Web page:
Punctuating a series of embarrassing disclosures on now-banned entertainment spending, an internal audit found the Tennessee Valley Authority spent about $6.5 million on hospitality expenses in fiscal 2003.

About $3.1 million of that was spent on special events, such as a New York meeting with financial analysts and a Nashville conference with TVA's Investment Challenge program for university students, said the report from TVA's inspector general.

More than $1 million was spent on "employee recognition," including holiday meals and gift cards. About $782,000 was spent on business meetings.

In addition, $1.4 million was spent on miscellaneous expenses such as catering and sporting events.

Specifically, the TVA, a federal corporation and the nation's largest public utility, spent $42,825 at flower shops, $62,360 on gifts, $39,331 on golf and club charges, $476,513 on restaurant and catering costs, $75,557 at retail and discount stores and $101,513 on sporting and entertainment tickets.

"That kind of expense seems ridiculously excessive to me," said Rep. John J. Duncan Jr. (R-Tenn.), who represents TVA's headquarters city of Knoxville.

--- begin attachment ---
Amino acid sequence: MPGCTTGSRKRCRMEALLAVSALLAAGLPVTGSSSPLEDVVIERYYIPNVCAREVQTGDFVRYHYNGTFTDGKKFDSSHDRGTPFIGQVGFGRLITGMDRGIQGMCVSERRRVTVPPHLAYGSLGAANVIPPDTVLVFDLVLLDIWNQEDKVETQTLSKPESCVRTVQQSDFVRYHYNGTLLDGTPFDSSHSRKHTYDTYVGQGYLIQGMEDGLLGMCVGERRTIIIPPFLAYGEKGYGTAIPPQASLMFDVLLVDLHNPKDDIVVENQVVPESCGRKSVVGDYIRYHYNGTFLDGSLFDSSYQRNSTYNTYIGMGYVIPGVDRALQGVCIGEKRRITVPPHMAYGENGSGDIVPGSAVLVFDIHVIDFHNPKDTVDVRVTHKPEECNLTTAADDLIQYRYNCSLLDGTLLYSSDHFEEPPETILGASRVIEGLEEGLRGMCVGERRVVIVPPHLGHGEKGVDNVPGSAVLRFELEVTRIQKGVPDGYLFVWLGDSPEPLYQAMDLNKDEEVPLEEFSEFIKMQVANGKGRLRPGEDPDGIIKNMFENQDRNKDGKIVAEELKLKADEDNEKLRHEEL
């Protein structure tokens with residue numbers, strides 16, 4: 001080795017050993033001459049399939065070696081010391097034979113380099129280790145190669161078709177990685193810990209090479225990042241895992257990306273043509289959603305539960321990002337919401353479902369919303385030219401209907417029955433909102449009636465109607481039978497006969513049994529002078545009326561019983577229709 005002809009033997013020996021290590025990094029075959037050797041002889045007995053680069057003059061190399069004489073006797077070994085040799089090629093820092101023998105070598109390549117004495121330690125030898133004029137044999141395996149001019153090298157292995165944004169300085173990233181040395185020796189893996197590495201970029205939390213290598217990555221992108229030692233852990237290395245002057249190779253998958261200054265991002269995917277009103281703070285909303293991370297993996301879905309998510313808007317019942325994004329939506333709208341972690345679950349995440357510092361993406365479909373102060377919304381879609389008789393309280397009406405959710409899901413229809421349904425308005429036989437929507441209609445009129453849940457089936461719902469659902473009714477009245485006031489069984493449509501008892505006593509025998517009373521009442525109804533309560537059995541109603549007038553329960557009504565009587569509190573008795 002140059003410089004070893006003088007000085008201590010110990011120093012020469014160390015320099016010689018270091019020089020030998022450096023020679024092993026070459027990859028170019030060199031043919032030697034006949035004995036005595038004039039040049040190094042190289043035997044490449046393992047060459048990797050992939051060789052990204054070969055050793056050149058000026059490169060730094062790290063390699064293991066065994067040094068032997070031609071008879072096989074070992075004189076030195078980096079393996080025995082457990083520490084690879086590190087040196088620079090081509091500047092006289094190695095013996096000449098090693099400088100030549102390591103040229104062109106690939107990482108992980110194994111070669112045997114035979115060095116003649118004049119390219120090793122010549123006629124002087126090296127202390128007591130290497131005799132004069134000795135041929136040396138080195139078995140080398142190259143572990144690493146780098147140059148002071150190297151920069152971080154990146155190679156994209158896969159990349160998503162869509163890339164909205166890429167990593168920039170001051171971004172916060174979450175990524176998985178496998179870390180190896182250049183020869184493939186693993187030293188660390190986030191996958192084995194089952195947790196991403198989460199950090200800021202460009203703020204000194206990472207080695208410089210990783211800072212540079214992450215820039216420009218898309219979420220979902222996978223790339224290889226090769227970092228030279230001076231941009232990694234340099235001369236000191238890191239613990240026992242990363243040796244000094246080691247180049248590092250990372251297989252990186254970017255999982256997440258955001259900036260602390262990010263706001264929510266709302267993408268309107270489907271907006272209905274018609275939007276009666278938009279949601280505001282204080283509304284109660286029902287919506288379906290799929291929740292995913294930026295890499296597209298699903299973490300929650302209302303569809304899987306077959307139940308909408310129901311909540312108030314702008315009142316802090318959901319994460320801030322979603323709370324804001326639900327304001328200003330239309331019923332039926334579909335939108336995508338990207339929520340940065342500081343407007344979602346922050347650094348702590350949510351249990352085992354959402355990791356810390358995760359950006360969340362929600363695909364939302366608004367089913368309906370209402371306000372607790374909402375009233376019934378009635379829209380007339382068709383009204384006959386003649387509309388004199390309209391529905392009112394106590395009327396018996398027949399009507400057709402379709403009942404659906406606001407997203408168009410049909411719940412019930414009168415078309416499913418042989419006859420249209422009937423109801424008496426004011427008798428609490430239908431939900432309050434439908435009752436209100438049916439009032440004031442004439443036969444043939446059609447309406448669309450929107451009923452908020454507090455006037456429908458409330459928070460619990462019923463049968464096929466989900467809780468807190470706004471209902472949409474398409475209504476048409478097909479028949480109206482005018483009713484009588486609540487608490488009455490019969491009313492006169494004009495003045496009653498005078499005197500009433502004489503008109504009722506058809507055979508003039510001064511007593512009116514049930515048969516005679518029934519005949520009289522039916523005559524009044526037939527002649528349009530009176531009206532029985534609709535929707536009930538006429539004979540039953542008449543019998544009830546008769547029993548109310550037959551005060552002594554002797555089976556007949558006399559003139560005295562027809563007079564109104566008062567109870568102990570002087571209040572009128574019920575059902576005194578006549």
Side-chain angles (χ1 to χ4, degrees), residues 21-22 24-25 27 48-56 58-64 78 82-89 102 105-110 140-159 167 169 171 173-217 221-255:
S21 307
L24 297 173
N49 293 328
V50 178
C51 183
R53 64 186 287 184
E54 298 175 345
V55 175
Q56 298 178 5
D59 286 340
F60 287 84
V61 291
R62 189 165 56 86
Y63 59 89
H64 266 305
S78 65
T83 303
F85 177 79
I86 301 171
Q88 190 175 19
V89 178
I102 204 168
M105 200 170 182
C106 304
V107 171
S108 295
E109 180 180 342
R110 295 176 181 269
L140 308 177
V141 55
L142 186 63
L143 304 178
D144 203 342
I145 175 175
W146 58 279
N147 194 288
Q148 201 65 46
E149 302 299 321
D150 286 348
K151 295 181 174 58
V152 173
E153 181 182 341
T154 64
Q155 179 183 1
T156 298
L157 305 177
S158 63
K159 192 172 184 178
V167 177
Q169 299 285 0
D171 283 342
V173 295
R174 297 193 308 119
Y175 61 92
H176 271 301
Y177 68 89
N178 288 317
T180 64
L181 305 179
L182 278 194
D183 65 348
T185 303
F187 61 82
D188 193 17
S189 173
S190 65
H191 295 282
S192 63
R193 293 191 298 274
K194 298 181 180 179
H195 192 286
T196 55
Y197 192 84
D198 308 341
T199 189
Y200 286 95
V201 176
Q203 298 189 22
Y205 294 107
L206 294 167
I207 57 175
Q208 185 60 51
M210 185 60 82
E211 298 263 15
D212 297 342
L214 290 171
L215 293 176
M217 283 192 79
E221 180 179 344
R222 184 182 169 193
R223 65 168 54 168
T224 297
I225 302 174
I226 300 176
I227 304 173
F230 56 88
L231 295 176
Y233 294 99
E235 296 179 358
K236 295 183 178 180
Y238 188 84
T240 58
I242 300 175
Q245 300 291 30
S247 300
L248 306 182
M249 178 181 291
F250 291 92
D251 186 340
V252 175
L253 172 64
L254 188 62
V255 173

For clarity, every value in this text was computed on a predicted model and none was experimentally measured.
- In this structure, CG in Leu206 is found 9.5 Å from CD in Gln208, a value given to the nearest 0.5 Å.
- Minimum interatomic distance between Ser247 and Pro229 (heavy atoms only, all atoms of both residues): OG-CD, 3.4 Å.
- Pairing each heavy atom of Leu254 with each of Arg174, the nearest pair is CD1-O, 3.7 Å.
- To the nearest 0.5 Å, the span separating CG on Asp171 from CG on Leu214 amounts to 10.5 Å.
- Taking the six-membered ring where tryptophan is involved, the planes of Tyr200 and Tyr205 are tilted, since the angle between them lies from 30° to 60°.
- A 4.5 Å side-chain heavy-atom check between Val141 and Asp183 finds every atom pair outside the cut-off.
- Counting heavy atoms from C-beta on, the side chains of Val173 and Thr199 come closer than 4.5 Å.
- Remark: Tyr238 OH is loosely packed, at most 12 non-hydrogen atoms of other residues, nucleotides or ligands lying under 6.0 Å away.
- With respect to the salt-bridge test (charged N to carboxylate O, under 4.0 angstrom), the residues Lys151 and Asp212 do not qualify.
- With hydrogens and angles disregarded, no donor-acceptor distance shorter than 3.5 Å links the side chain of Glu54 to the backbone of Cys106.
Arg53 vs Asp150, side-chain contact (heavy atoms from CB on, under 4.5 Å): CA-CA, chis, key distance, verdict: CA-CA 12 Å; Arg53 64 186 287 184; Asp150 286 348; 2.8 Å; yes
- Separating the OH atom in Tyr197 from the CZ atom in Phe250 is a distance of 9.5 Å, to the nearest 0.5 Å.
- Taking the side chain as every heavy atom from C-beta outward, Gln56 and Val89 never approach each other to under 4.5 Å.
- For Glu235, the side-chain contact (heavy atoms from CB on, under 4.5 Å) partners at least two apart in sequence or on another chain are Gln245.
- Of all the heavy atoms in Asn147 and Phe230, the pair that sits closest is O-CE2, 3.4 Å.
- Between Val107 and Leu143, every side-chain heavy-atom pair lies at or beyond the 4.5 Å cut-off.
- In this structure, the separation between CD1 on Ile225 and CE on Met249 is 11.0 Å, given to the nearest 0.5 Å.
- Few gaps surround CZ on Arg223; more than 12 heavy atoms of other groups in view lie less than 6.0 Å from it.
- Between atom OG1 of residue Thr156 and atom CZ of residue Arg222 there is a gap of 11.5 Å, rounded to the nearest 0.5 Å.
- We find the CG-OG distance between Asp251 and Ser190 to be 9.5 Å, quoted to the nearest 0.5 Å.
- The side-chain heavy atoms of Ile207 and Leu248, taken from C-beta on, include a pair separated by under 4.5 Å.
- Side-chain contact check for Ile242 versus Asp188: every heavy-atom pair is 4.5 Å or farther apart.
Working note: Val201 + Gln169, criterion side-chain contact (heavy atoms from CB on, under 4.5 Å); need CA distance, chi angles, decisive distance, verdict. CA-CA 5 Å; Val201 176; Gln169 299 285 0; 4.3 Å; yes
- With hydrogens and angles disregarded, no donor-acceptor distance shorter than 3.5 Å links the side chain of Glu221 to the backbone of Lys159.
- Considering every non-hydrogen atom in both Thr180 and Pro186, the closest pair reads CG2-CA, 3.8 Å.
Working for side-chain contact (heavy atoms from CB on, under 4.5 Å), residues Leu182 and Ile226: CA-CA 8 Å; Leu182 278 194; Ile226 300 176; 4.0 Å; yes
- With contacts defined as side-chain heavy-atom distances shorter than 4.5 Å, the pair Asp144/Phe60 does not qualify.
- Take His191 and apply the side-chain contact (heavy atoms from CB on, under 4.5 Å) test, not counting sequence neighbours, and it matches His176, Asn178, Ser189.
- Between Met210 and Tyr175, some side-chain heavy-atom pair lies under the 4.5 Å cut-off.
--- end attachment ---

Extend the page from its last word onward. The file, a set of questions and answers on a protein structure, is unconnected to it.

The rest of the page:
The TVA Board of Directors voted in August to severely curtail such expenditures in the future after a series of media reports about wining and dining distributors and TVA employees.

"We periodically look at spending in this general area. As a result of some earlier publicity TVA received about hospitality spending, we initiated a more comprehensive review than we have in the past," Inspector General Richard W. Moore said.

The 20-page audit supports the August reforms and makes additional recommendations on expense reporting and monitoring that were accepted by TVA management. The inspector general found no violation of the agency's prior hospitality policy, which it described as providing employees with "wide discretion" in spending practices.

"However, TVA's practice of allowing TVA employees to engage in hospitality spending without more specific guidance increased the risk of harm to TVA's reputation," the report said.

The audit did not compare TVA's hospitality expenses with any prior years. A 1997 audit by the inspector general, requested by Rep. Zach Wamp (R-Tenn.), found TVA spent about $4 million in the previous three fiscal years on special events and receptions on TVA barges.

TVA provides electricity to about 8.5 million people through 158 distributors in Tennessee and parts of Kentucky, Virginia, North Carolina, Mississippi, Georgia and Alabama.